*Corresponding Author:
K. Nath
Department of Botany and Biotechnology, Karimganj College, Karimganj-788 710, India
E-mail: [email protected]
Date of Submission 06 February 2017
Date of Revision 26 August 2017
Date of Acceptance 09 April 2018
Indian J Pharm Sci 2018;80(3):556-560  

This is an open access article distributed under the terms of the Creative Commons Attribution-NonCommercial-ShareAlike 3.0 License, which allows others to remix, tweak, and build upon the work non-commercially, as long as the author is credited and the new creations are licensed under the identical terms


Since ancient times traditional herbal medicines has been the basis of treatment for many ailments. Extracts of medicinal plants are rich source of unique phytochemicals. In the present study extract of 12 pteridophytes collected from Southern Assam were studied for antibacterial activities. The frond extract of these species was tested against five non-pathogenic and pathogenic bacteria, Bacillus subtilis, Escherichia coli, Pseudomonas aeruginosa, Staphylococcus aureus and Proteus vulgaris. The results obtained indicated that 6 ferns exhibited antibacterial activity against one or more organisms while the remaining 6 ferns did not show any antibacterial activity. The ferns showing antibacterial activity were Christella parasitica, Microlepia speluncae, Pteris multifida, Microsorum pteropus, Adiantum caudatum, Pteris vittata.


Ethnomedicine, ferns, antibacterial activity

Microorganisms have survived for thousands of years by their ability to adapt with the changing environment. They especially do so by responding to various antimicrobial agents such as antibiotics, which is attained either by spontaneous mutation, DNA transfer or by human activities such as irrational use of antibiotic, lack of consciousness regarding the rules and value of good hygiene in hospitals, prolonged medical care and also via use of other agents aimed at destroying bacteria, namely the surface antibacterials now available in many household products. All this enables microbes to oppose the action of certain antibiotics or group of antibiotics, rendering the antibiotics ineffective and resulting in the emergence of multidrug resistant microorganisms [1]. These multidrug resistant organisms are now-a-days becoming very hard to treat with the commercially available antibiotics. Since no new antibiotics have been discovered in the last few decades, the emergence of multidrug resistant organisms is often resulting into treatment failure. This continuous appearance of bacterial resistance to different group of antibiotics has increased the demand for more effective antimicrobial agents. It has been found that there are various medicinal or ethnomedicinal plants, which are being used by tribal, ethnic or by rural population for the treatment of a number of ailments such as cuts, burns and skin diseases. The use of the extracts of these medicinal plants alone or in combination with the available antibiotics might help in the treatment of infections by resistant microorganisms leading to treatment success. It is known that more than 400 000 species of tropical flowering plants have medicinal uses and this makes the traditional medicines more economical than modern medicine [2]. The use of medicinal plants to treat diseases in China, India and South Africa have been reported to contributes significantly to primary health care.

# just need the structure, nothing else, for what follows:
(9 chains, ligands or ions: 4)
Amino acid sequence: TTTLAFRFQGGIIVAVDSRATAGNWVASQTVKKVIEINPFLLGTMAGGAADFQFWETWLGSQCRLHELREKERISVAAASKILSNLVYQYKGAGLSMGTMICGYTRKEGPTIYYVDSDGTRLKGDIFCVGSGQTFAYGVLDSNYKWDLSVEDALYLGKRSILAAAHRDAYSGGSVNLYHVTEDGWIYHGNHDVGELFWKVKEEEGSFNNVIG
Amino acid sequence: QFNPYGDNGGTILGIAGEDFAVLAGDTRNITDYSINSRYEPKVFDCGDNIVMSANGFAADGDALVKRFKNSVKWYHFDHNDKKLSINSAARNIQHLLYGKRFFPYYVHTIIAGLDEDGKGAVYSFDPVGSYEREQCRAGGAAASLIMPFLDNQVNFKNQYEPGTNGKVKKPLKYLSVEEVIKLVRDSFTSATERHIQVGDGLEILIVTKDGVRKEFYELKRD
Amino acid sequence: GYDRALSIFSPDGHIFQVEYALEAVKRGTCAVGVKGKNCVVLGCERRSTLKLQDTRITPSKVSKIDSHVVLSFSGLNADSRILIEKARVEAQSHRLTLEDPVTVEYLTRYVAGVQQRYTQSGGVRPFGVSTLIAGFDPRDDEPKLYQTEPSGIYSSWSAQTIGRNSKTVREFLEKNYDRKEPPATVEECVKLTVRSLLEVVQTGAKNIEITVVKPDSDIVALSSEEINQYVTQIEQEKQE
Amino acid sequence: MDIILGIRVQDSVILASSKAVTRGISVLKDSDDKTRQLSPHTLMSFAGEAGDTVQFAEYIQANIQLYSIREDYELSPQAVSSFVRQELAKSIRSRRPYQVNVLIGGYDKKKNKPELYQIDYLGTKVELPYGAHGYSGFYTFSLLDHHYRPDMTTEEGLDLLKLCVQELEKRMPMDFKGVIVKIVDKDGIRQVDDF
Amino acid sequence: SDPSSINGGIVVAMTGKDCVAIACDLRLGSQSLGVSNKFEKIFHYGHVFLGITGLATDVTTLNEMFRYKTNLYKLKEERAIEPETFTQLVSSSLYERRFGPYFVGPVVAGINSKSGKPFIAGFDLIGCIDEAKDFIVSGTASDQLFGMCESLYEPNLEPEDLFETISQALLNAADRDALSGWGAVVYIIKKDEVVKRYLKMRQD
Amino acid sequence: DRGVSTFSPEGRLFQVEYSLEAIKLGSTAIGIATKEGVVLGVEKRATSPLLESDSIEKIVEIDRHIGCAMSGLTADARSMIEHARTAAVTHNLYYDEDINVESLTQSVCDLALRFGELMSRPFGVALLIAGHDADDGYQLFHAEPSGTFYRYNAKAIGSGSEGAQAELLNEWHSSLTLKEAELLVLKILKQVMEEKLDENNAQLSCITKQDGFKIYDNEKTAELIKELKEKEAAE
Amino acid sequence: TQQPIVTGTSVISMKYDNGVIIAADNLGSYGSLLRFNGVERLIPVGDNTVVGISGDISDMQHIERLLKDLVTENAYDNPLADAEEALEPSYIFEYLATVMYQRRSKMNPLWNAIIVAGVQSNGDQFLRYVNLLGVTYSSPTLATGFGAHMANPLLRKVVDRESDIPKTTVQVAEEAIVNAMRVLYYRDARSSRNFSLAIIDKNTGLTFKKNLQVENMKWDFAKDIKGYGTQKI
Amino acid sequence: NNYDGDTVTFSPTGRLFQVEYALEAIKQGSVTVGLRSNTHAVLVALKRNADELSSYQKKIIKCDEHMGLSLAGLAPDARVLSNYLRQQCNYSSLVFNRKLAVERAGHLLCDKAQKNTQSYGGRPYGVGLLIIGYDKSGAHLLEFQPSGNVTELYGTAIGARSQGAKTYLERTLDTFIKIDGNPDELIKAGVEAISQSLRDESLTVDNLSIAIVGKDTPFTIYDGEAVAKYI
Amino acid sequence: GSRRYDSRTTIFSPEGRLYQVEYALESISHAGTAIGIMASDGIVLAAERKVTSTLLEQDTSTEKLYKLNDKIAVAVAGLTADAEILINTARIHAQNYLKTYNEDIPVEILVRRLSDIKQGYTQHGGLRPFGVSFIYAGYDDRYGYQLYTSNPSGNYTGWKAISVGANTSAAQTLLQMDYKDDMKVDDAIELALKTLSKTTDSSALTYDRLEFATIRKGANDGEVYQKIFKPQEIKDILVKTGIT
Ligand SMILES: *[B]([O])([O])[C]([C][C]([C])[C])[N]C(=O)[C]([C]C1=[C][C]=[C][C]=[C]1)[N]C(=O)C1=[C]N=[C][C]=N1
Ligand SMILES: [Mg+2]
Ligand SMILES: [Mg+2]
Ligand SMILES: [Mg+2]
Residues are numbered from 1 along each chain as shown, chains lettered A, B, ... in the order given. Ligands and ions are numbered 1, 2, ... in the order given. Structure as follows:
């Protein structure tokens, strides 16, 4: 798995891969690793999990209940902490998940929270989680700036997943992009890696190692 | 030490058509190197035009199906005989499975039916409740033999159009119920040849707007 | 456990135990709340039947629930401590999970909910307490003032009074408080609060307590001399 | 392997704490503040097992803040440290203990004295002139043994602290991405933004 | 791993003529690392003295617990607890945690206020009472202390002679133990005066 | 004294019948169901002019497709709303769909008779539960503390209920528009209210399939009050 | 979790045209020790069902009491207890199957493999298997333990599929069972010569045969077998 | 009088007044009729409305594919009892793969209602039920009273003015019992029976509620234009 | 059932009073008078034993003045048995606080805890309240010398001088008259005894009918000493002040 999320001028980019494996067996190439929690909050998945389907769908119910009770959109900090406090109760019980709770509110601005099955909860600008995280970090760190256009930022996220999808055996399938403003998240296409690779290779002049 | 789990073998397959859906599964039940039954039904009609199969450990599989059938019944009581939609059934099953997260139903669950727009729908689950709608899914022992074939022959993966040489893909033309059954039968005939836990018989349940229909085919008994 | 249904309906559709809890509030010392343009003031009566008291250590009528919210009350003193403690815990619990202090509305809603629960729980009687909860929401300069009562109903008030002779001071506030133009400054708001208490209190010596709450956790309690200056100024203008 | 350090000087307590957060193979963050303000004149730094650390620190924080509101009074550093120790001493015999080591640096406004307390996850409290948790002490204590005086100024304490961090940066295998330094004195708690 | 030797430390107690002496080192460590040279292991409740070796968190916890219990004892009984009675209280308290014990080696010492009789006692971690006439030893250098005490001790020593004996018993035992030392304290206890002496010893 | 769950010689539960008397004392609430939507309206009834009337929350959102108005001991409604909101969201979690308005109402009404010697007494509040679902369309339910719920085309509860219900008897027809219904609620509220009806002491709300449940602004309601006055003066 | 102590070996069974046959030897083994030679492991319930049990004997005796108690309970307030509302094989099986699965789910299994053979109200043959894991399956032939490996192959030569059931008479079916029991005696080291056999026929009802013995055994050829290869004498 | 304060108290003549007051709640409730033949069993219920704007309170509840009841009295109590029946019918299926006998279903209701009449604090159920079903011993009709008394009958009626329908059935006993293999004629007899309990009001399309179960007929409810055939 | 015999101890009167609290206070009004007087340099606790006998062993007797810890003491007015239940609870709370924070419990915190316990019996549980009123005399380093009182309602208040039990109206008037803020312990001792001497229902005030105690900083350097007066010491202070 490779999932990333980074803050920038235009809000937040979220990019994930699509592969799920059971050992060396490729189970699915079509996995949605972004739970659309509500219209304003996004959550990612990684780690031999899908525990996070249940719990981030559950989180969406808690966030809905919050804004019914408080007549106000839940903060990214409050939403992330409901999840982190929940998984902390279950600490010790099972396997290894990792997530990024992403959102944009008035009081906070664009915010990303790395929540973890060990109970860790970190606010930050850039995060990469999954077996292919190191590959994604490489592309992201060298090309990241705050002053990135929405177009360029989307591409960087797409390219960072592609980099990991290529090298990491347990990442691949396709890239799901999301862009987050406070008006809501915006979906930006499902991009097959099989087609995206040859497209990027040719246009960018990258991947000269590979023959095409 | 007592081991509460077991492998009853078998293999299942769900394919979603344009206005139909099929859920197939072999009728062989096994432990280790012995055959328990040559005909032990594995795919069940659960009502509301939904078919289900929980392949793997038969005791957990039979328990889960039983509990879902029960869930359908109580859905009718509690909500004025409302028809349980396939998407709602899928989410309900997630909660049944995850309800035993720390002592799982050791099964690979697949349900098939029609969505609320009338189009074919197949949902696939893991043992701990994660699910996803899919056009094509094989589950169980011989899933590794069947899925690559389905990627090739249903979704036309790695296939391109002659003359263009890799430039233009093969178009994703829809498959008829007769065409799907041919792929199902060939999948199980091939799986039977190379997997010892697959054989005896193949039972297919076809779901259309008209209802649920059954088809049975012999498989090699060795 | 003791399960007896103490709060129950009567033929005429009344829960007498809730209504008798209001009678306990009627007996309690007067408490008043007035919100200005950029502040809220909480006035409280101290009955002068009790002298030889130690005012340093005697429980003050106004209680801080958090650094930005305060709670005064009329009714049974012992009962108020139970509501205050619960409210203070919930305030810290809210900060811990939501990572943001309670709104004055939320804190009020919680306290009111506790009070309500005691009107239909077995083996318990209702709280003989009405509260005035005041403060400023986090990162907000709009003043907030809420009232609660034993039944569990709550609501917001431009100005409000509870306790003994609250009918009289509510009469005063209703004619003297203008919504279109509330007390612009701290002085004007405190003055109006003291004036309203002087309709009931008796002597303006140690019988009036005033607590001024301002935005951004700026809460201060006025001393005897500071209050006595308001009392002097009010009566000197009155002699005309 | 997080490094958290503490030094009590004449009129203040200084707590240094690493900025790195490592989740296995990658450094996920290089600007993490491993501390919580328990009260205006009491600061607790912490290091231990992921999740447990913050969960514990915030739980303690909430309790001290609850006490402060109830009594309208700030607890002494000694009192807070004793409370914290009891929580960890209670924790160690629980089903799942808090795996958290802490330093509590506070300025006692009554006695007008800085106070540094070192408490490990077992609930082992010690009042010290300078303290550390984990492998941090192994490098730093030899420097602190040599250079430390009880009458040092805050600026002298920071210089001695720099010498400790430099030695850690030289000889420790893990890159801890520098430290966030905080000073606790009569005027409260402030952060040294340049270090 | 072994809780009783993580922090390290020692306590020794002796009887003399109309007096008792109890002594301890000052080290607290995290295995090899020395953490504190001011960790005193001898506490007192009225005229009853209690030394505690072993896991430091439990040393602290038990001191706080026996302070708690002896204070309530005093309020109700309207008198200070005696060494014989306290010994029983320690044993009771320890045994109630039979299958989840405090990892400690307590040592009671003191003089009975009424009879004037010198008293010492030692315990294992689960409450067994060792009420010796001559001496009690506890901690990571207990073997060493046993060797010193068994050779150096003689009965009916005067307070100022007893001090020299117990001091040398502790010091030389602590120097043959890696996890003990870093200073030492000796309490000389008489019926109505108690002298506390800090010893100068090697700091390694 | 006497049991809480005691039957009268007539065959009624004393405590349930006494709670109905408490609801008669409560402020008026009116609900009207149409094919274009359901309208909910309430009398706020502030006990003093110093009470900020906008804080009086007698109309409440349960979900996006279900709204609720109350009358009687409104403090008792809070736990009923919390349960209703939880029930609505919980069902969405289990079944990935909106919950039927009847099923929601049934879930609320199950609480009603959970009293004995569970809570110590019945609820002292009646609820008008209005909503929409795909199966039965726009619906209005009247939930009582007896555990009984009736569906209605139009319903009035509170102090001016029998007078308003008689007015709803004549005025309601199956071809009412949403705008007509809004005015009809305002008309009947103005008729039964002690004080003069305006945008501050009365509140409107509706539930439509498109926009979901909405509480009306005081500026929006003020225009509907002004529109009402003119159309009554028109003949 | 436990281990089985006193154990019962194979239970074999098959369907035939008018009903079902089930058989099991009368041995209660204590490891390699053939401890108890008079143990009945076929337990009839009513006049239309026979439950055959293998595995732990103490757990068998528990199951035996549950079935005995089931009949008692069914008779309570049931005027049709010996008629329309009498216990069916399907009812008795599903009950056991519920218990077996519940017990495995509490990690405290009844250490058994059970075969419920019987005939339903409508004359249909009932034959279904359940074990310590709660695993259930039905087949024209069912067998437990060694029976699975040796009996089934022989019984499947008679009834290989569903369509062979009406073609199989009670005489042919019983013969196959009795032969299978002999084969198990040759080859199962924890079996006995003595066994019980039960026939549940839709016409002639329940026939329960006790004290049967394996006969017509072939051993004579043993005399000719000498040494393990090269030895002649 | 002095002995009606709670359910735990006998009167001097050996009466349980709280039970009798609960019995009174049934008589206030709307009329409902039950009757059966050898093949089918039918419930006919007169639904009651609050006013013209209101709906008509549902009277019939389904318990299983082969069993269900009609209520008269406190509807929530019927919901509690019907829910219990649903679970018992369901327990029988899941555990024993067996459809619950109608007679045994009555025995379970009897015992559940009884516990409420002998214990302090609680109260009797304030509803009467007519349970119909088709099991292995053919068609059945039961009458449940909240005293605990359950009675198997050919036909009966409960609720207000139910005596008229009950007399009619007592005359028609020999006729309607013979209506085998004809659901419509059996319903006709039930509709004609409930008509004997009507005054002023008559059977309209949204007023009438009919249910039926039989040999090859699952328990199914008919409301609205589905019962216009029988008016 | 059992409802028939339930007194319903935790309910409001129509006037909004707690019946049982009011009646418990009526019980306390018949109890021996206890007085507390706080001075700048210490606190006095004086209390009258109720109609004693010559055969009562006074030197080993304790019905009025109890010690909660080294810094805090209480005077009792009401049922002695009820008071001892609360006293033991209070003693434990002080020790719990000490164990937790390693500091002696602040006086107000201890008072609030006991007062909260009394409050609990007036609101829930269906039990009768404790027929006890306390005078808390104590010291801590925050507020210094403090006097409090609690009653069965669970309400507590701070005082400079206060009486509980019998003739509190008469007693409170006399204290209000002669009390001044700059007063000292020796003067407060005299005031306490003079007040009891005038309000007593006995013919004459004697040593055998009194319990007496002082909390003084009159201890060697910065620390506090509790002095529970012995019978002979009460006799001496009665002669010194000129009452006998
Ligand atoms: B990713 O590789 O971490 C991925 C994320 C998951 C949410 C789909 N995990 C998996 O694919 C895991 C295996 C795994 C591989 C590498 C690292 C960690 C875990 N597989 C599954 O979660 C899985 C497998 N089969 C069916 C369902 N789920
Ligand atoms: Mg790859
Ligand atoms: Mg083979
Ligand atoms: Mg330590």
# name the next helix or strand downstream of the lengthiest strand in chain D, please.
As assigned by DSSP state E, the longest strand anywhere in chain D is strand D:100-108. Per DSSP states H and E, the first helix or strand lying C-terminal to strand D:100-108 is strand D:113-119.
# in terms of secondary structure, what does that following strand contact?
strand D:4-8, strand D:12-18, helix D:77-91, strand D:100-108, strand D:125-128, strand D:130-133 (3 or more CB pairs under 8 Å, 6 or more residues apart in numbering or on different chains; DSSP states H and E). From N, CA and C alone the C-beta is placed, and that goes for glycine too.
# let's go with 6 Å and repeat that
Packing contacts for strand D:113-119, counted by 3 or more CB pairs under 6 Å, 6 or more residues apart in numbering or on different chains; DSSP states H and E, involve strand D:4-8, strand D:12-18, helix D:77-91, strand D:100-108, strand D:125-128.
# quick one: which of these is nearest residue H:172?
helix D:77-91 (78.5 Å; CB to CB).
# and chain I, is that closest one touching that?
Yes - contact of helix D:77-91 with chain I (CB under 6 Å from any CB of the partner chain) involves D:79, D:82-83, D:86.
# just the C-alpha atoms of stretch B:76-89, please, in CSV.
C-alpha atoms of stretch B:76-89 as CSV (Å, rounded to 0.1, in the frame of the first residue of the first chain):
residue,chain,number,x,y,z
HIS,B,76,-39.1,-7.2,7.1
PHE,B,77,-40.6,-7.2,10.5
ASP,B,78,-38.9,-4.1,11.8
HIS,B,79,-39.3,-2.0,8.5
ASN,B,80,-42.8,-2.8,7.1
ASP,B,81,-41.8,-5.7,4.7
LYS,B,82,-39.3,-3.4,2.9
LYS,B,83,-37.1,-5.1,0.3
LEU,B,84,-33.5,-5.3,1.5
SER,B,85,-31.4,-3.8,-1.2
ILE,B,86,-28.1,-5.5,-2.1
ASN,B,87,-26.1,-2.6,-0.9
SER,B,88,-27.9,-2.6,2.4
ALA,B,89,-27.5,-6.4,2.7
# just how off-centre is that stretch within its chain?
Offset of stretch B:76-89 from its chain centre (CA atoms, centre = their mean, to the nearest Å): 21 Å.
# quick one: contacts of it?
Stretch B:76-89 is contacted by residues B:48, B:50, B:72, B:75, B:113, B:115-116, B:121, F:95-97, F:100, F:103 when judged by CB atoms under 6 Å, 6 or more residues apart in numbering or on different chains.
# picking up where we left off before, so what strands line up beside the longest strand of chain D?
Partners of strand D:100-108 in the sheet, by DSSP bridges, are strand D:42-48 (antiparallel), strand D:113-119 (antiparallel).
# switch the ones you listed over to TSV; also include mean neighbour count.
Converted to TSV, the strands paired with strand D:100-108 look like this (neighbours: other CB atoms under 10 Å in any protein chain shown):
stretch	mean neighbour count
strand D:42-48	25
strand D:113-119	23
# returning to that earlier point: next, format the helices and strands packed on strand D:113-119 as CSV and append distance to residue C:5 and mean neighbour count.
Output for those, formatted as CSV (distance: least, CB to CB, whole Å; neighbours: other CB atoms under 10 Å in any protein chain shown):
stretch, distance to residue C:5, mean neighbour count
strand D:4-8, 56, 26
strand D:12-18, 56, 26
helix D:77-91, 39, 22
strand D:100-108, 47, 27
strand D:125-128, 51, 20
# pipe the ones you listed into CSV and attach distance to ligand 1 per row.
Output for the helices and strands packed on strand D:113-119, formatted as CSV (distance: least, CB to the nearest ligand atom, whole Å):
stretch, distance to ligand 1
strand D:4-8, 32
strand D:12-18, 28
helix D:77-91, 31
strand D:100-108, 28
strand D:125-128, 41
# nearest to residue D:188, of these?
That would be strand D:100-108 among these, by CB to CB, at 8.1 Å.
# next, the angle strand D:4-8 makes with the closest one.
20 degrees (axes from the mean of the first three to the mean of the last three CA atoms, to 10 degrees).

Further, the frequency of life threatening infections caused by pathogenic microorganisms and their rapid spread from one continent to the other in the age of globalization has also encouraged different researchers to probe for newer antimicrobial agents. In recent years, attempts have been made to investigate a variety of indigenous drugs especially of plant origin against infectious diseases [3,4].

Recently some pteridophytes have been identified to possess antimicrobial properties. The antimicrobial activity in the extracts of 114 species of pteridophytes belonging to 61 genera and 27 families was studied and the results revealed that 64 % of the samples examined possessed antimicrobial activity [5]. The extract of the fern, Nephrolepis sp. when mixed with α-D-oligogalacturonides promoted the production of an antibiotic compounds [6]. Cheilanthes viridis, which is one of the most commonly used ferns in the treatment of wounds in Eastern Cape, South Africa possessed very good antimicrobial activity [7]. Plant extracts were used successfully by various investigators to study antimicrobial activity. Pteridophytes possessed antimicrobial properties mainly due to the presence of various secondary phytochemicals such as phenols, flavonoids and steroids.